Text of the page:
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PWE-072 Long-term outcome of endoscopic dilatation in patients with crohn’s anastomotic strictures is affected by disease activity and medical therapy
  1. N Ding1,
  2. WM Yip1,
  3. B Saunders2,
  4. S Thomas-Gibson2,
  5. A Humphries2,
  6. A Hart1
  1. 1Inflammatory Bowel Disease
  2. 2Endoscopy, St Mark–s Hospital, Harrow, UK


Introduction A clinically relevant stricture is usually defined as a luminal narrowing with pre-stenotic dilatation and obstructive symptoms. Surgical resection is an effective treatment for Crohn’s anastomotic strictures, however disease recurrence after 15 years is more than 50%, often with the need for a further resection.1The long-term outcome of endoscopic balloon dilatation is unclear as most cohorts have a follow-up time of less than 3 years.

Method All endoscopic balloon dilatations performed at a single centre for patients with anastomotic Crohn’s strictures between 2004–2009 were retrospectively reviewed with the aim of collecting long-term follow up data. The stricture length, signs of disease activity and evidence of upstream dilatation were assessed from imaging. Clinical data on medical therapy and escalation to anti-TNF or thiopurines was obtained. Endoscopic data including disease activity, balloon size and therapeutic success, along with histological reports were recorded.

Results A total of 54 patients were identified with a median age of 52 years (46–62). The median follow-up period was 6.48 years (5.34–7.42) with a disease duration of 28 years (19–32). Stricture length at cross-sectional imaging was described in all cases with a median of 20 mm (10–30) with features of active mucosal inflammation at the anastomosis in 38/54(70%) and upstream dilatation in 25/54(46%). At the time of endoscopy, active disease was described in 37/54(68%) of cases, a median balloon dilatation of 15 mmHg was used to achieve therapeutic success in 48/54 (89%). 10/54(18%) subsequently required surgical resection. The median number of dilatations was 2(1–9) with a time to repeat dilatation of 23 months (7.2–56.9) with 31/44 (70%) of patients being managed endoscopically requiring repeat dilatations. There was one perforation which resulted in a resection of the anastomosis and temporary ileostomy.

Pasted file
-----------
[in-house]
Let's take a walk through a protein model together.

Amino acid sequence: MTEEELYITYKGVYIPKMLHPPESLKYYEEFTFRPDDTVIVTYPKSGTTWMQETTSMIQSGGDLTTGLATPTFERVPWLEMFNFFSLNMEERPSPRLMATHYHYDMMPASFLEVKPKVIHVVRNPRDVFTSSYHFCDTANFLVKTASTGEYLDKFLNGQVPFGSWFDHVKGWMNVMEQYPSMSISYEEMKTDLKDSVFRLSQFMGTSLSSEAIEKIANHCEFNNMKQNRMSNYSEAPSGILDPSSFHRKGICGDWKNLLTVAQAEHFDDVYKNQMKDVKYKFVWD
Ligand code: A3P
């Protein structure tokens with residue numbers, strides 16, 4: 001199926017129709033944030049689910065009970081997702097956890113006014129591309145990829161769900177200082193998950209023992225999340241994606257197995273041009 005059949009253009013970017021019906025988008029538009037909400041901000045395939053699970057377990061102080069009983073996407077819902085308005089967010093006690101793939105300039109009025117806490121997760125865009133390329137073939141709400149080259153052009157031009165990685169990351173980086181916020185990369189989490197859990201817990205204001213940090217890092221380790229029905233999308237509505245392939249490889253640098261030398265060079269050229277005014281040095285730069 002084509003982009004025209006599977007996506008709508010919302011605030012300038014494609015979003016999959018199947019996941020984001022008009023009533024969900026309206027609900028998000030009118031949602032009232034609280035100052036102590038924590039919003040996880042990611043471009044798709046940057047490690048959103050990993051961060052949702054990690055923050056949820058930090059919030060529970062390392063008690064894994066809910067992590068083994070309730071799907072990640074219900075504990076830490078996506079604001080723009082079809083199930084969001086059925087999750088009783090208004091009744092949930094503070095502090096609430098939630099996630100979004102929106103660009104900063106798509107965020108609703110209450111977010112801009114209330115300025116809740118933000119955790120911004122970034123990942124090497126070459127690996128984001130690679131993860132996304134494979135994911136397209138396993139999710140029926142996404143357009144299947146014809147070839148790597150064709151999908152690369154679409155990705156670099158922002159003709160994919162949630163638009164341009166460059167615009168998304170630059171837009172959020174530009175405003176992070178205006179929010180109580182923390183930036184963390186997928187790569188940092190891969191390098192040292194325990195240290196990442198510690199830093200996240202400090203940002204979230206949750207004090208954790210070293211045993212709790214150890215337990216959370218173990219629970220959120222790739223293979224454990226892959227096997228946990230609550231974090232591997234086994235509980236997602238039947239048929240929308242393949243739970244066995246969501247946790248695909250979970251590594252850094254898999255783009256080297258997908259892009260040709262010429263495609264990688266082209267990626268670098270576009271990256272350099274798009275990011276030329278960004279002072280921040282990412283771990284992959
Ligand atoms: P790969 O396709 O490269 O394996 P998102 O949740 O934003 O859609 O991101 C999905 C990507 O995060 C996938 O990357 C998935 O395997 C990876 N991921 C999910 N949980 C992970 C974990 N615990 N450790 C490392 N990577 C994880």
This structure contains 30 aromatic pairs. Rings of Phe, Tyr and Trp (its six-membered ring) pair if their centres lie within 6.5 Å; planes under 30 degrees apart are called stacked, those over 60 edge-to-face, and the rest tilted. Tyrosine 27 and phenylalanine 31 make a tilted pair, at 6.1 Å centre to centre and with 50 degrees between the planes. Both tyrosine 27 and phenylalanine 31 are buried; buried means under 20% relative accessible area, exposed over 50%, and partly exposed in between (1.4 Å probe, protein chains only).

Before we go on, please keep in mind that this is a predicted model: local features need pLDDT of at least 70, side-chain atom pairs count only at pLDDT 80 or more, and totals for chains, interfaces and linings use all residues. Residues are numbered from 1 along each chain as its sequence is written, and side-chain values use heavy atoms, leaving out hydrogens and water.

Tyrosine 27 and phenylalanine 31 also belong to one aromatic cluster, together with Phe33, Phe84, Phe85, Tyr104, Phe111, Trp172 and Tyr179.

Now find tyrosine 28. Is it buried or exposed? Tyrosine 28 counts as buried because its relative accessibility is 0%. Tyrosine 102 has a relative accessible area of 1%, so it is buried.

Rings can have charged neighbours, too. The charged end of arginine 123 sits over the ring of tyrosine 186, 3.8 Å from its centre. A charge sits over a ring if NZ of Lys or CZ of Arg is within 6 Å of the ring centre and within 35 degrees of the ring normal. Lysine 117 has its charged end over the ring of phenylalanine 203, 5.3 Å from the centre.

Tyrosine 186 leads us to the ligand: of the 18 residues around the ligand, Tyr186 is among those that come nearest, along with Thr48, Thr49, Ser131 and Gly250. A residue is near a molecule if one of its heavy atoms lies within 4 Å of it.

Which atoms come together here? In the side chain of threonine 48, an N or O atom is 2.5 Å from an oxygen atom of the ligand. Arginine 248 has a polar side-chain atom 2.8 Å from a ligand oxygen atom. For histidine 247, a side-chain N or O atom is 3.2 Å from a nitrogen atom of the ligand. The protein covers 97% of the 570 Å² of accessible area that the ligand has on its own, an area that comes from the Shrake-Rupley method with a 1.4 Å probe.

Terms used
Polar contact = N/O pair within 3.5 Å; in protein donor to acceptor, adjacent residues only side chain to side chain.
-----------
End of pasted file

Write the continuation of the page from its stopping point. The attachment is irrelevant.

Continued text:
Active disease at time of first endoscopy (p = 0.049) and stricture length >20 mm (p = 0.015) predicted need for repeat dilatations (Table 1). Furthermore, escalation of medical therapy to either azathioprine or anti-TNF appeared to delay time to further dilatation.

Abstract PWE-072 Table 1

Multivariate analysis of factors predicting repeat dilatation

Conclusion At long term follow-up, 18% of patients required surgical resection. 32% of patients were well with no further endoscopic intervention required. 68% required intercurrent endoscopic dilatations. This is the longest follow-up period in the literature and demonstrates that the effects can be durable if patients have escalation in medical therapy to thiopurine or anti-TNF and avoidance of surgery is possible in a group of patients with anastomotic strictures.

Disclosure of interest None Declared.


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